Budget 2019 debate

Diesel tax hike to nudge users towards cleaner choices

Finance Minister Heng Swee Keat, in addressing concerns over potentially higher business costs with the increase in diesel tax, stressed that the long-term impact of excessive diesel use on people's health is significant. The diesel excise duty is on
Finance Minister Heng Swee Keat, in addressing concerns over potentially higher business costs with the increase in diesel tax, stressed that the long-term impact of excessive diesel use on people's health is significant. The diesel excise duty is only one part of a larger road map to discourage diesel consumption.ST PHOTO: KUA CHEE SIONG

While the recent diesel tax increase makes the environment cleaner, it may be at the expense of potentially higher business costs, Non-Constituency MP Dennis Tan said on Tuesday during the debate on the Budget statement.

Responding yesterday, Finance Minister Heng Swee Keat said the framing of the issue needs to go beyond that of a simple trade-off to a broader understanding of the longer-term approach Singapore is taking to address the increasingly urgent issue of vehicular emissions.

"Diesel exhaust contains substantial amounts of particulate matter and nitrogen oxides, which are associated with an increased risk of lung cancer and respiratory infection," Mr Heng said in his wrap-up speech on the Budget debate.

"The long-term impact of excessive diesel use on the health of our family and children is significant," he added.

Several MPs had earlier flagged the impact of the diesel tax hike on businesses and taxi drivers. The tax has been increased from 10 cents a litre to 20 cents, from Feb 18.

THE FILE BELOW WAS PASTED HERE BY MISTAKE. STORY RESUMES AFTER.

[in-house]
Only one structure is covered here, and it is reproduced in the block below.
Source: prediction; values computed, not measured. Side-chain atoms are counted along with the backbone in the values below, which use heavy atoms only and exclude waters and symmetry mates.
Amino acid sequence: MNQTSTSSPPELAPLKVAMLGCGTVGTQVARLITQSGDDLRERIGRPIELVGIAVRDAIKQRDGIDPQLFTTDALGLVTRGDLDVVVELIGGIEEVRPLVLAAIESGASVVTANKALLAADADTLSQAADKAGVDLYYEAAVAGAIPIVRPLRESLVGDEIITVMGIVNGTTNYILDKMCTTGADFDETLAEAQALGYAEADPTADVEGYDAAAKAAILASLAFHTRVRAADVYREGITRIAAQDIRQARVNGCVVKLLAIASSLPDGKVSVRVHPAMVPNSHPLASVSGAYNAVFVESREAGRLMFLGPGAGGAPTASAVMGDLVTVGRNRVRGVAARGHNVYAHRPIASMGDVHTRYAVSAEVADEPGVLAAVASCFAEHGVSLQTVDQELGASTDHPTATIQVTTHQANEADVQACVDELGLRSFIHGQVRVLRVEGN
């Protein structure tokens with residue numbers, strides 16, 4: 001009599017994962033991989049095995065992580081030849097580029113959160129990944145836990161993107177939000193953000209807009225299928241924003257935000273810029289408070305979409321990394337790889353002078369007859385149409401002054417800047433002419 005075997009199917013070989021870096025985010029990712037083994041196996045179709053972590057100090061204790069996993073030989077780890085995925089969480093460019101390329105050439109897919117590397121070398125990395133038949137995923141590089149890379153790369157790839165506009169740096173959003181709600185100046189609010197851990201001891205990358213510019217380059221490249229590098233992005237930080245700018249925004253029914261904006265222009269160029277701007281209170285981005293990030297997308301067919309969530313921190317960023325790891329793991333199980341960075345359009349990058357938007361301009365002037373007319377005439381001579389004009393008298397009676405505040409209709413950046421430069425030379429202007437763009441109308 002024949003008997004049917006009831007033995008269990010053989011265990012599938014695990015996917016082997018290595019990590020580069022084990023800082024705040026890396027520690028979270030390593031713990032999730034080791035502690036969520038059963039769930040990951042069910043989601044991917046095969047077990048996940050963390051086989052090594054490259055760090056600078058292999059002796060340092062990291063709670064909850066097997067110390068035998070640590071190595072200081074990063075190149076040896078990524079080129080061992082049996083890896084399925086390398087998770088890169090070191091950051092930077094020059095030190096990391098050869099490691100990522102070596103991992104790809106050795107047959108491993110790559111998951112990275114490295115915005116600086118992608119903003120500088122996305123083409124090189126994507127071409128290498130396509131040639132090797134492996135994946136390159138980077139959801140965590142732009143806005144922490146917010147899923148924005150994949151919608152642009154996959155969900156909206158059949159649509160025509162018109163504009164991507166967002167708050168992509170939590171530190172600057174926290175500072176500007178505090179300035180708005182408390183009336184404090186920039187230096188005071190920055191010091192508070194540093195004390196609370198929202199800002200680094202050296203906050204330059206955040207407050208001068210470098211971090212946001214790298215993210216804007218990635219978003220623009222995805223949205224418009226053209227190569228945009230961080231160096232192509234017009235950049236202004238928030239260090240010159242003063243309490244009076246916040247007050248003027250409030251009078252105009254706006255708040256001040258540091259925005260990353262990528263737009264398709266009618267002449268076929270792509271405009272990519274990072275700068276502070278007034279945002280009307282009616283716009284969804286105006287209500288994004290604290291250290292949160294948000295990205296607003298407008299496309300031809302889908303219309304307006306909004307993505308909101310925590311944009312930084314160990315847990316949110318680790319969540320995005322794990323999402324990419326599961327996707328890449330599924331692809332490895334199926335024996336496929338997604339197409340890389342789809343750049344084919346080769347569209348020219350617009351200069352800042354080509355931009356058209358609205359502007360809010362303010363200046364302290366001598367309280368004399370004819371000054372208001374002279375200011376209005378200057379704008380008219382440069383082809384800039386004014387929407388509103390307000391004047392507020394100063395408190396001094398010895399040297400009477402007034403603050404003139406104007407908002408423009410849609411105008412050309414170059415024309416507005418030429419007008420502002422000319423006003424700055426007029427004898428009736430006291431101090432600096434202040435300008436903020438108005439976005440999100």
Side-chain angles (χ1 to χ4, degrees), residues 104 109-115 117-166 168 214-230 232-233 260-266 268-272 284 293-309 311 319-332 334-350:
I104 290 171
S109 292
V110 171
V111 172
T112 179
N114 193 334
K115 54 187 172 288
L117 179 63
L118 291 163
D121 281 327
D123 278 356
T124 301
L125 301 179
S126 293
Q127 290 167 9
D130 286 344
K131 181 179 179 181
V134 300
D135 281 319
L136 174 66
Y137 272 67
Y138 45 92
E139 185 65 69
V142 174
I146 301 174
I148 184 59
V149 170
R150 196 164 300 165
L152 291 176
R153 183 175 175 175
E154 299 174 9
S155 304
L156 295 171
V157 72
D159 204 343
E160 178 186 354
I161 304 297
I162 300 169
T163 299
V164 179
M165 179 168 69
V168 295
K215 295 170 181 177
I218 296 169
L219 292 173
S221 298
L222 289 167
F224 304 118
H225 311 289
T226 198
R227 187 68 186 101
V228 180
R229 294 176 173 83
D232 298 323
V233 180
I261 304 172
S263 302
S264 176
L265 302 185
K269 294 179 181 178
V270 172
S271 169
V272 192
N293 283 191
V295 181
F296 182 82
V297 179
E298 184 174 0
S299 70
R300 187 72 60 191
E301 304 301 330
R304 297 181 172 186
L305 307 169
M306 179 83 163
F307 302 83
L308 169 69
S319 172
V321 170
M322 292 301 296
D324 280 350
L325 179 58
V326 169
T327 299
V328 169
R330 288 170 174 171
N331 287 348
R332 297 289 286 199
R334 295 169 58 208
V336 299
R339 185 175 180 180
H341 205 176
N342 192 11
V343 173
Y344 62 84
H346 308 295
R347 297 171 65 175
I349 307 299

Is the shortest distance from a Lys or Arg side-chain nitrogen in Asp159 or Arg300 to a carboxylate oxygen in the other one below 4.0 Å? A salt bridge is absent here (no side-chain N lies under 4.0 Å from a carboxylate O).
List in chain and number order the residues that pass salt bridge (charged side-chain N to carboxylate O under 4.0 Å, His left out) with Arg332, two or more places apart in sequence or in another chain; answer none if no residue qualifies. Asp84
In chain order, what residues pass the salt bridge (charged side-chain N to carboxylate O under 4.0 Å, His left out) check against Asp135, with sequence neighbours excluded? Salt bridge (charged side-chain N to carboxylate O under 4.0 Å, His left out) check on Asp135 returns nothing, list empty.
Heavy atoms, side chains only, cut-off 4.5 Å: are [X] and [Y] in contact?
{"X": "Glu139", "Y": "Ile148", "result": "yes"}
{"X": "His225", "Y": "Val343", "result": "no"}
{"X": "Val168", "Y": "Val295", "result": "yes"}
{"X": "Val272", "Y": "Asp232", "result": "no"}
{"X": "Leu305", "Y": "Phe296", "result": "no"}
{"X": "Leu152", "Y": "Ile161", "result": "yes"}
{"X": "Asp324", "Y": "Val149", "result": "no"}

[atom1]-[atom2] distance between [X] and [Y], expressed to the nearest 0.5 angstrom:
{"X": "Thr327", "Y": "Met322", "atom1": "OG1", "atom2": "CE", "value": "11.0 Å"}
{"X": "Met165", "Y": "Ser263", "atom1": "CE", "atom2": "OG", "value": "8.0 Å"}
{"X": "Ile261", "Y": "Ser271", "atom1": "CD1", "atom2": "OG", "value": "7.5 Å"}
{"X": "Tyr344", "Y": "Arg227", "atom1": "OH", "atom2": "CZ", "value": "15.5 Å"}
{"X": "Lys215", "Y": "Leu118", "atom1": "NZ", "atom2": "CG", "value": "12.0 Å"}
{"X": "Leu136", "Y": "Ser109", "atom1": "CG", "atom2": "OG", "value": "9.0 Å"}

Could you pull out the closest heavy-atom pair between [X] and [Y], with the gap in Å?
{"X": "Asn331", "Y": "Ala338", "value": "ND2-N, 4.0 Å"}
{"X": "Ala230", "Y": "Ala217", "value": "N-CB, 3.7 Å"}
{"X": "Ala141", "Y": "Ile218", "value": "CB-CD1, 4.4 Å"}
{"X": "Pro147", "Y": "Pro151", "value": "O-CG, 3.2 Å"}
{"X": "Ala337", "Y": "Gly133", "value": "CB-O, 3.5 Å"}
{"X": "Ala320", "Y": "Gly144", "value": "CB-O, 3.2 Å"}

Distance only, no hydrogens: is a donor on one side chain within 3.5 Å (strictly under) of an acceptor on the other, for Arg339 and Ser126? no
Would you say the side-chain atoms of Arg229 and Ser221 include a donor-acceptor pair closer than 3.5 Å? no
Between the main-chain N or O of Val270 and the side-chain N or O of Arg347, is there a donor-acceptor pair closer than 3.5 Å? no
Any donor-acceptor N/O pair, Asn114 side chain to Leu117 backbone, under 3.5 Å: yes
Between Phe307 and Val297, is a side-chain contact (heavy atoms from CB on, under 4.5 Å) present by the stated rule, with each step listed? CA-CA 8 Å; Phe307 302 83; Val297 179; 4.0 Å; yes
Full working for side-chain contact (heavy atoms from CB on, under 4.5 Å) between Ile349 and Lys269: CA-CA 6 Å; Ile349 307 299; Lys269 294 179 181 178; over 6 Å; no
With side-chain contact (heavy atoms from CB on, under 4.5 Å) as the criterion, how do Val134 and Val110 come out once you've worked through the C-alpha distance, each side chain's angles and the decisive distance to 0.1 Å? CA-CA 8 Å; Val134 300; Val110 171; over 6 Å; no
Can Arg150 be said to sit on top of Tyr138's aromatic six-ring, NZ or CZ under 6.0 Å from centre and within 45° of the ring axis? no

Mr Heng said it is necessary to use a price signal to nudge diesel users towards cleaner and more sustainable alternatives.

The diesel excise duty is only one part of a larger road map to discourage diesel consumption, he noted.

 
 
 

Other measures include the Early Turnover Scheme introduced in 2013. It helps owners of commercial goods vehicles to switch to cleaner and more fuel-efficient diesel models.

Last year, the Vehicular Emissions Scheme was also introduced.

Mr Gan Thiam Poh (Ang Mo Kio GRC) suggested exempting vehicles and machinery with no non-diesel alternatives from the tax hike, but Mr Heng said this works against what the Government is trying to do.

Mr Heng said the tax hike will help nudge businesses that are heavy diesel users towards greater efficiency - for example, by adopting consolidated logistics.

He noted that the Government has given an offset package to cushion the cost impact until 2022, adding that it recognises the impact of the new tax on cost for cabbies.

Reiterating what Senior Parliamentary Secretary for Transport Baey Yam Keng said a day earlier, Mr Heng told the House yesterday that taxi operators have pledged to pass on the entire savings, from an $850 reduction in annual special tax for taxis, to their drivers.

 
A version of this article appeared in the print edition of The Straits Times on March 01, 2019, with the headline 'Diesel tax hike to nudge users towards cleaner choices'. Print Edition | Subscribe